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Simultaneous X-ray and infrared observations of the galactic center



A visualization of simulated flaring activity and clouds of material around the supermassive black hole in the galactic center. Astronomers observing these events at X-ray and infrared wavelengths also report that X-ray emission often precedes infrared by ten to twenty minutes, according to a class of theoretical models. Credit: ESO, Gfycat

The supermassive black hole (SMBH) in the middle of our Milky Way galaxy, Sagittarius A *, is by far the closest such object to us, only about 25 thousand light years away. While it's not nearly active or luminous like other SMBHs, its relative proximity gives astronomers a unique opportunity to explore what's happening close to the "edge" of a black hole. Monitored in the radio since its discovery and recently in infrared and x-ray, Sgr A * seems to be accreting material at a very low speed, only a few hundredths of a soil mass per year. Its X-ray emission is sustained, probably due to the rapid movement of electrons in the hot accretion current associated with the black hole. Once a day there are also flares of emissions that are very variable; they occur more often in infrared than in x-rays. Some submillimeter wavelength glare is also gently associated with IR flares, although their timing seems to be delayed in infrared events. Despite these intensive observation efforts, the physical mechanisms that produce flaring around this SMBH are still unknown and are subject to intense theoretical modeling.

CfA astronomers Steve Willner, Joe Hora, Giovanni Fazio and Howard Smith joined their colleagues for a systematic campaign of simultaneous multiwavelength observations of flaring in SagA * by Spitzer and Chandra observatories (Submillimeter Array was also used in some series ). In over 1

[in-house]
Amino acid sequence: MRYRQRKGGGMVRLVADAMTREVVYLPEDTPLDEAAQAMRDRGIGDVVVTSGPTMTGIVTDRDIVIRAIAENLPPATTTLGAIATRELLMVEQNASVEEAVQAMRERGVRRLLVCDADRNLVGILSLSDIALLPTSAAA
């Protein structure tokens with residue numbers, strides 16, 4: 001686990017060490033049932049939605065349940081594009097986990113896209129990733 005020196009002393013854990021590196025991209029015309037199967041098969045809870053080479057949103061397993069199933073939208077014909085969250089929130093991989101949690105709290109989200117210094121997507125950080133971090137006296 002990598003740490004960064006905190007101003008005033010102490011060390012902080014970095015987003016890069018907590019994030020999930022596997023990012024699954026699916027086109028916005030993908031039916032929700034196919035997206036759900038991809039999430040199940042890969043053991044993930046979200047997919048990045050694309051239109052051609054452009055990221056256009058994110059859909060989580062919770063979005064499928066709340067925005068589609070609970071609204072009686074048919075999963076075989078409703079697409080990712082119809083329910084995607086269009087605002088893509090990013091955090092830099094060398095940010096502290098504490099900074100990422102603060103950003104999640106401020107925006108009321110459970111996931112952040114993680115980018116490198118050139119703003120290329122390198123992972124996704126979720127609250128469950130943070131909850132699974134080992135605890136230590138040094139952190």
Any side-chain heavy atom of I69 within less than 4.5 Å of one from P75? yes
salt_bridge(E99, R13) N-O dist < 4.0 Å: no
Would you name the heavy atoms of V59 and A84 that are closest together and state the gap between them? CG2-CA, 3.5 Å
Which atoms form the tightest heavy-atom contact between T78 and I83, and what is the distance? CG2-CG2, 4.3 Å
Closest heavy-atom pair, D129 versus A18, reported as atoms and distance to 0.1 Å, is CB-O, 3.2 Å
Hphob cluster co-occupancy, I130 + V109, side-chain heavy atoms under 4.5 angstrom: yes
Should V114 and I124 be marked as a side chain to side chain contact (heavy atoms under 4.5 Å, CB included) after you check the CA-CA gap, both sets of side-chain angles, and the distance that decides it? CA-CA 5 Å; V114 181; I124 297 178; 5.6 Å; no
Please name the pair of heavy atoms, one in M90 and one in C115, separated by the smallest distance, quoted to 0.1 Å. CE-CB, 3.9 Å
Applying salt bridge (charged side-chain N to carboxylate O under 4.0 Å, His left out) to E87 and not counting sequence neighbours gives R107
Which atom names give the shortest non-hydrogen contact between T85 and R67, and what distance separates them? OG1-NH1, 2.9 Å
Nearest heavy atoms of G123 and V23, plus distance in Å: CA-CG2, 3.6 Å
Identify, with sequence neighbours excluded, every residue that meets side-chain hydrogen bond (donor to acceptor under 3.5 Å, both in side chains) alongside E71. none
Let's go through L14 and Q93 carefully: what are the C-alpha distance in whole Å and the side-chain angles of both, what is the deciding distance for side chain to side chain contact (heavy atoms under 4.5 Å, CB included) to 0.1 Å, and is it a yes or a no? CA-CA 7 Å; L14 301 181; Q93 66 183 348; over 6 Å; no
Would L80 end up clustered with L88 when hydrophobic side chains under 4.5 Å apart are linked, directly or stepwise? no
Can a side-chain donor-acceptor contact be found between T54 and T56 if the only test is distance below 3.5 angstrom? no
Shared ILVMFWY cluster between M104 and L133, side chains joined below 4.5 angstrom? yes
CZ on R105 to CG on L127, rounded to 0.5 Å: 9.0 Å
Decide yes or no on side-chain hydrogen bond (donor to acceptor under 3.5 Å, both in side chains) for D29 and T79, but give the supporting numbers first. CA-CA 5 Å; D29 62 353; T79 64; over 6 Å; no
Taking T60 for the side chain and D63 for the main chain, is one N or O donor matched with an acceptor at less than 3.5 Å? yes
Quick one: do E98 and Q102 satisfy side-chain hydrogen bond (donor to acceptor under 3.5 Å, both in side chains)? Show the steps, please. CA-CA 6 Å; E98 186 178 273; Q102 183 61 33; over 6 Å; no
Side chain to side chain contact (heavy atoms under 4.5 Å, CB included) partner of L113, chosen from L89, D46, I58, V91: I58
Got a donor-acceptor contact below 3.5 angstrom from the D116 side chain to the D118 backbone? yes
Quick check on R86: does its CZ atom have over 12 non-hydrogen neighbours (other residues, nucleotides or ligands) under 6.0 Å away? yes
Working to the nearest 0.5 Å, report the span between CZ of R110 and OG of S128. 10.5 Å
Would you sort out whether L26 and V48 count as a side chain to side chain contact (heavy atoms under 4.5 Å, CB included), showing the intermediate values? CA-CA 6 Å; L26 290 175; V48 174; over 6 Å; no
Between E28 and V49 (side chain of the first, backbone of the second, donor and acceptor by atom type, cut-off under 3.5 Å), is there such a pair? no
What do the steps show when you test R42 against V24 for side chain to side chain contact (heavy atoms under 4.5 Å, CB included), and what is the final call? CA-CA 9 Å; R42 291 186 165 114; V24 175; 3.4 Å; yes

00 hours of data over four years (the longest data set ever achieved), the team observed four multi-incident events in both X-ray and infrared, where the X-ray event appears to be infrared by ten to twenty minutes. The correlation between the observed peaks implies that there is some physical connection between them and the small time difference is consistent with models describing the apertures due to magnetically driven particle acceleration and shock. However, precise simultaneous events cannot be completely ruled out, but the results are nevertheless incompatible with some of the more exotic models involving relativistic movement of electrons. If future simultaneous observations planned for the summer of 2019 also see flaring, they may give new limitations to the time delay and associated physical models.


Explore further:
Remarkable glare from the galactic center

More Information:
H. Boyce et al. Simultaneous X-ray and infrared observations of Sagittarius A * s Variability, The Astrophysical Journal (2019). DOI: 10.3847 / 1538-4357 / aaf71f


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